Forty-five Jermyn St lives in the left-hand buttock of Fortnum & Mason (F&M), a shop whose acronym is slightly too close to FGM (female genital mutilation) for this column to be able to relax there for long periods, even though its Diamond Jubilee Tea Salon is excellent. Its name is part of a vogue for naming restaurants after postal addresses, and even street numbers (Richard Caring’s 34 in Mayfair). This is one of the more idiotic, if less gritty, consequences of the London housing crisis: an address — or even a house number — is a brand. The restaurant named after a postcode — and I suggest TW11 0BA in Teddington because there is nothing there — is surely pending. Go for brunch, lick the bricks, adopt a refugee.
45 Jermyn St — ‘old-school glamour meets contemporary London’ — used to be called The Fountain. This restaurant seemed to be composed entirely of flounces and it suited F&M, a peculiarly British palace of dreams that sells heritage relish across the globe. But like an ageing showgirl who married a duke, the Fountain had to be put down. Her flounces carried the tears of boys off to boarding school to lose their childhoods overnight; she smelt of lavender, talcum powder and Harold Macmillan. Did the tiny David Cameron come here, fill his tuck box, re-arrange his tiny face into a tiny smile?
I can’t type the name again because it makes me feel stupid, or like a postman. So I will say it is a bright and spacious brasserie in sage and orange, principally Art Deco, but lying down for a rest. It is a very chic Oslo Court, ripped up and reconvened: the bones are old, the eyeballs — and skin — are new. The customers, despite the rebranding, are still ageing, international (Jews and Arabs, temporarily at peace due to the soothing proximity of food), soft in face and the sort of rich that does not care what it looks like; that is, very rich.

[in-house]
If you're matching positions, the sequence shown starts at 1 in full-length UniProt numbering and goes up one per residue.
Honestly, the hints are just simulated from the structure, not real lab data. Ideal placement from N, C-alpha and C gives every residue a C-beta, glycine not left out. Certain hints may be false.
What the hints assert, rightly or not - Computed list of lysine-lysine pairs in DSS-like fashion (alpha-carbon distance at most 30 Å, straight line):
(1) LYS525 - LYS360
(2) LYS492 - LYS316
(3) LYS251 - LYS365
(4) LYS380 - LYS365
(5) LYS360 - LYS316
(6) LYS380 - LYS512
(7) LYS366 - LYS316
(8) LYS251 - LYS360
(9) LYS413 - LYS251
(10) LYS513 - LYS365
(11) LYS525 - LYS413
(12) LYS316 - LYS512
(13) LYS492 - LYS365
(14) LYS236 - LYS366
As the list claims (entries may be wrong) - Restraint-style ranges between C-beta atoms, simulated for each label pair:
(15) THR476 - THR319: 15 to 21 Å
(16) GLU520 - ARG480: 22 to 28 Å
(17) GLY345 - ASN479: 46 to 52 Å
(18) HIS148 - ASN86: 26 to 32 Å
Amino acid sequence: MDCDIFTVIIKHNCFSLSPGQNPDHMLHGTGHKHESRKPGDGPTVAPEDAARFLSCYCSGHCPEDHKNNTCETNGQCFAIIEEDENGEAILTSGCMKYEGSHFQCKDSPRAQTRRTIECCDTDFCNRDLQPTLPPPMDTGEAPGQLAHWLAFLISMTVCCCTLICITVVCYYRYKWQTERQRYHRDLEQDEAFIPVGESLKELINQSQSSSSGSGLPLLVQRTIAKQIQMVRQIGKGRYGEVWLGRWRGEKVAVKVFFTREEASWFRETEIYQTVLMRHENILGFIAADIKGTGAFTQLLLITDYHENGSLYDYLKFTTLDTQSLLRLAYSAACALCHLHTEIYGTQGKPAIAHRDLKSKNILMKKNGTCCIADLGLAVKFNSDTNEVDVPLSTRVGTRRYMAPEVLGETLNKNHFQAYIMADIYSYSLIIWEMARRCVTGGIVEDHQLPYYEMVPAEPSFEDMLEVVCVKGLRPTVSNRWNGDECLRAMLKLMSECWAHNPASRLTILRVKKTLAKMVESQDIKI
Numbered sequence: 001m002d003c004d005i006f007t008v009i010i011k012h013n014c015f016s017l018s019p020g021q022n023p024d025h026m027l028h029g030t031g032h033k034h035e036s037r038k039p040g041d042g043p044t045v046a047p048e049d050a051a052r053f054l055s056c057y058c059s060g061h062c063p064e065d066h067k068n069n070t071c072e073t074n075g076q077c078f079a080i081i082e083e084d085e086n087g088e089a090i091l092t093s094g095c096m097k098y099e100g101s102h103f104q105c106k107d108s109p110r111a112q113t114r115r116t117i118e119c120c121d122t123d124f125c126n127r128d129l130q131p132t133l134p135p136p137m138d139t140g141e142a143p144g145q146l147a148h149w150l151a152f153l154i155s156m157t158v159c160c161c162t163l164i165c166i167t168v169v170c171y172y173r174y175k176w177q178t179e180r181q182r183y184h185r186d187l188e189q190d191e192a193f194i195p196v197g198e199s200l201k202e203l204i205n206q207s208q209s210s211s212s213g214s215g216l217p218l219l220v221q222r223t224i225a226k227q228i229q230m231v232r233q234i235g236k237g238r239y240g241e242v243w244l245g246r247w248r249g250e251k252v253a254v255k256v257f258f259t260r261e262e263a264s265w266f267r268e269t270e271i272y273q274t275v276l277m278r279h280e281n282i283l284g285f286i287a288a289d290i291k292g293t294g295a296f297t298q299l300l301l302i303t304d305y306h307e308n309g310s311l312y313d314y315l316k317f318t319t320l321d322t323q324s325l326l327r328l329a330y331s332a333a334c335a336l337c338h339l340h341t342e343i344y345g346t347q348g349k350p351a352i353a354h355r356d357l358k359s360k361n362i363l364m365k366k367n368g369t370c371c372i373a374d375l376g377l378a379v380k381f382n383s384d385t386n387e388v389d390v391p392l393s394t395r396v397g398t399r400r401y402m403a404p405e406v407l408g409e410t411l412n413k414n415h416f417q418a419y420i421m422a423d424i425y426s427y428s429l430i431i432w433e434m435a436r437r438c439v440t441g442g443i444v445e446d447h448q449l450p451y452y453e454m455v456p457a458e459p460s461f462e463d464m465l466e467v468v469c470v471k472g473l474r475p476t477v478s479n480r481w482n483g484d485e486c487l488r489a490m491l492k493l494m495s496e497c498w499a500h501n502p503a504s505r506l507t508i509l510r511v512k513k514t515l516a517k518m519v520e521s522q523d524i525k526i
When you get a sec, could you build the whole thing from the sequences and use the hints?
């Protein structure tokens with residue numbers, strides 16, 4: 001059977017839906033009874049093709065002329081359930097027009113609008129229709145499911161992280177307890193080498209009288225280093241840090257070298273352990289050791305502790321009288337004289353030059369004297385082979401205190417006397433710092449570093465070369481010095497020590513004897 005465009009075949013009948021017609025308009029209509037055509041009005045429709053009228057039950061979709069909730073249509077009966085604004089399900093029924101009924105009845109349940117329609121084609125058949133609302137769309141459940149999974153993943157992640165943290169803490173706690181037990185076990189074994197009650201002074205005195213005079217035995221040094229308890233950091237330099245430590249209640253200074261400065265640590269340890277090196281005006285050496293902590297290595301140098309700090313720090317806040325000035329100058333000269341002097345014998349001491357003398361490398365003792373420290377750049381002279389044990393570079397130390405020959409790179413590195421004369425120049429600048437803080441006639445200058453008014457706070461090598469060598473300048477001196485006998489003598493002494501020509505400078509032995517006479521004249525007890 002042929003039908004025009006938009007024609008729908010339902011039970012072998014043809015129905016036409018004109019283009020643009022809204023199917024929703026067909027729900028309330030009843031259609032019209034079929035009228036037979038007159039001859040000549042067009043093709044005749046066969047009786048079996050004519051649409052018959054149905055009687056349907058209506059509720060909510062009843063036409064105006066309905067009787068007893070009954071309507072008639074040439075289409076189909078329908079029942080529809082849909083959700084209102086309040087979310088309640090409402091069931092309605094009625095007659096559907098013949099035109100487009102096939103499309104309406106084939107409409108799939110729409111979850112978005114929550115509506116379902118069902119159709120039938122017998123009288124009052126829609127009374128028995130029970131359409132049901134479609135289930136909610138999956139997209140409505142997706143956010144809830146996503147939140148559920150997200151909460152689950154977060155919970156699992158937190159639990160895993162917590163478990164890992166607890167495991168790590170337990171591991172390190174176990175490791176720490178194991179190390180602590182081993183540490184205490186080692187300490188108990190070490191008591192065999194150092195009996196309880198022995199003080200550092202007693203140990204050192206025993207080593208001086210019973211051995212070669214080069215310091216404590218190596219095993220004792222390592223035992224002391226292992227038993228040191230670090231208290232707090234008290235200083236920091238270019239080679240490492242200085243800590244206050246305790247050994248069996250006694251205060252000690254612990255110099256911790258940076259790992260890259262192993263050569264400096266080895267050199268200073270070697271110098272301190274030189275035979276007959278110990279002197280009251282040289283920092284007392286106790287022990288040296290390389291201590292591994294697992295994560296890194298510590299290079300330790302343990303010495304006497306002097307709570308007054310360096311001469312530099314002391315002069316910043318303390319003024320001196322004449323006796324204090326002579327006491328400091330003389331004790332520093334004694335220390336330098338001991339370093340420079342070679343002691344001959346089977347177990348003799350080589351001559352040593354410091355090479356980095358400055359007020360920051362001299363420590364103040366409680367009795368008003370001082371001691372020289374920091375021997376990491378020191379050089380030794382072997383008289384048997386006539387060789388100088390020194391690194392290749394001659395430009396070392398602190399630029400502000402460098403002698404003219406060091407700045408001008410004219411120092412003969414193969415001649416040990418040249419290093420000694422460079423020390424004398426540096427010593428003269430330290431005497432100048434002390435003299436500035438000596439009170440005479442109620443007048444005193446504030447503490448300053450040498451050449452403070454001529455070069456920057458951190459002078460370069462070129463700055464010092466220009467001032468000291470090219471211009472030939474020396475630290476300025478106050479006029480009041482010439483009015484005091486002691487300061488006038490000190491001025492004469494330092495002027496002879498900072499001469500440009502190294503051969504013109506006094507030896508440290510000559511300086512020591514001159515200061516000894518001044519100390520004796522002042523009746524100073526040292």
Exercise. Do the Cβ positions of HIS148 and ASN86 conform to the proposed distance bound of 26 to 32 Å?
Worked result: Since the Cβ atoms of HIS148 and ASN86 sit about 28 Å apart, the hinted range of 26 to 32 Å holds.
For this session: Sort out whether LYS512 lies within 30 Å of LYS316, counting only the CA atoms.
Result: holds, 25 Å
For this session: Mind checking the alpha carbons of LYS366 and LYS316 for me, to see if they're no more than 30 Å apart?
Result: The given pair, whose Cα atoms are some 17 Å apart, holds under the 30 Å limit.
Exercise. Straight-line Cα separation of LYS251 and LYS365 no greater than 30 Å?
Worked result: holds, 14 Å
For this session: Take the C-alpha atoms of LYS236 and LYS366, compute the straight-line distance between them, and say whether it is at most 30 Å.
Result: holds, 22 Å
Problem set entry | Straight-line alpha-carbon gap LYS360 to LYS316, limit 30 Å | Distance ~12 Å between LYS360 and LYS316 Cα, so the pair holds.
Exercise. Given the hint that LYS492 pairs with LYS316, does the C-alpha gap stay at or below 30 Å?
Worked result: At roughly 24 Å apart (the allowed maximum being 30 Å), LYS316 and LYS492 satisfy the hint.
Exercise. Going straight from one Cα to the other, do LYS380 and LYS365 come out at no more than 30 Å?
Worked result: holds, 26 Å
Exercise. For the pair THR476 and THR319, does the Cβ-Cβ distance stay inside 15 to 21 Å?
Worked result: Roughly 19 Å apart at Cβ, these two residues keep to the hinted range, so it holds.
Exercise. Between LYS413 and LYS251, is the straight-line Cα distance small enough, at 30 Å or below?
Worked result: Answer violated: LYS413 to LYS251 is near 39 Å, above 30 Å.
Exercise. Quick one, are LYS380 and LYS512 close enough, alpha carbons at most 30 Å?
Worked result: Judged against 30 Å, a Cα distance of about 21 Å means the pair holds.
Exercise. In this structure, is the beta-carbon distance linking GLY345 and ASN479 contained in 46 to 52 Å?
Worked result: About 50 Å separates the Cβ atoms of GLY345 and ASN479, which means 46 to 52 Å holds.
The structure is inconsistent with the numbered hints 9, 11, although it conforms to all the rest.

You can redecorate a restaurant, but you cannot redecorate a clientele; that would be rude. In this F&M is powerless; they could fit comfortably into the waiting room at the London Clinic and look no less happy. There is a soft buzz of pleasure in this restaurant, just three days old. F&M was partially founded by a footman to Queen Anne (‘F’) and it has always had the gift of creating ease in hell. (She had a bad life, Anne — seven miscarriages, five stillborn babies, five dead babies.) It is the retail equivalent of the novels of Frances Hodgson Burnett, who argued convincingly that urban Victorian life was not that bad, if you were really very rich. It also invented the Scotch egg.
The prices, in this spirit, are immense. The caviar trolley sells Iranian Beluga for £6.70 a gram, with a minimum spend of £67 (scrambled eggs and baked new potatoes included). Dover sole à la meunière is £36.50 without veg. Glenarm Estate rib steak is £33.50, likewise without veg. I do not think the customers mind the expense; for them it is soothing, if the food holds up, which it does.
We eat a wonderful Welsh rarebit, heaving with salt and fat, and dark sticky salmon with soda bread. The sole is boned at the table, with deft expertise, by a waiter who behaves like a cardiac surgeon fallen to fish. Pudding is less good — the chocolate cake is an alcoholic, and would take us all with it — but otherwise all is fine. The Fountain has died; the world, oblivious, turns.
45 Jermyn St, London SW1 6DN, tel: 020 7205 4545.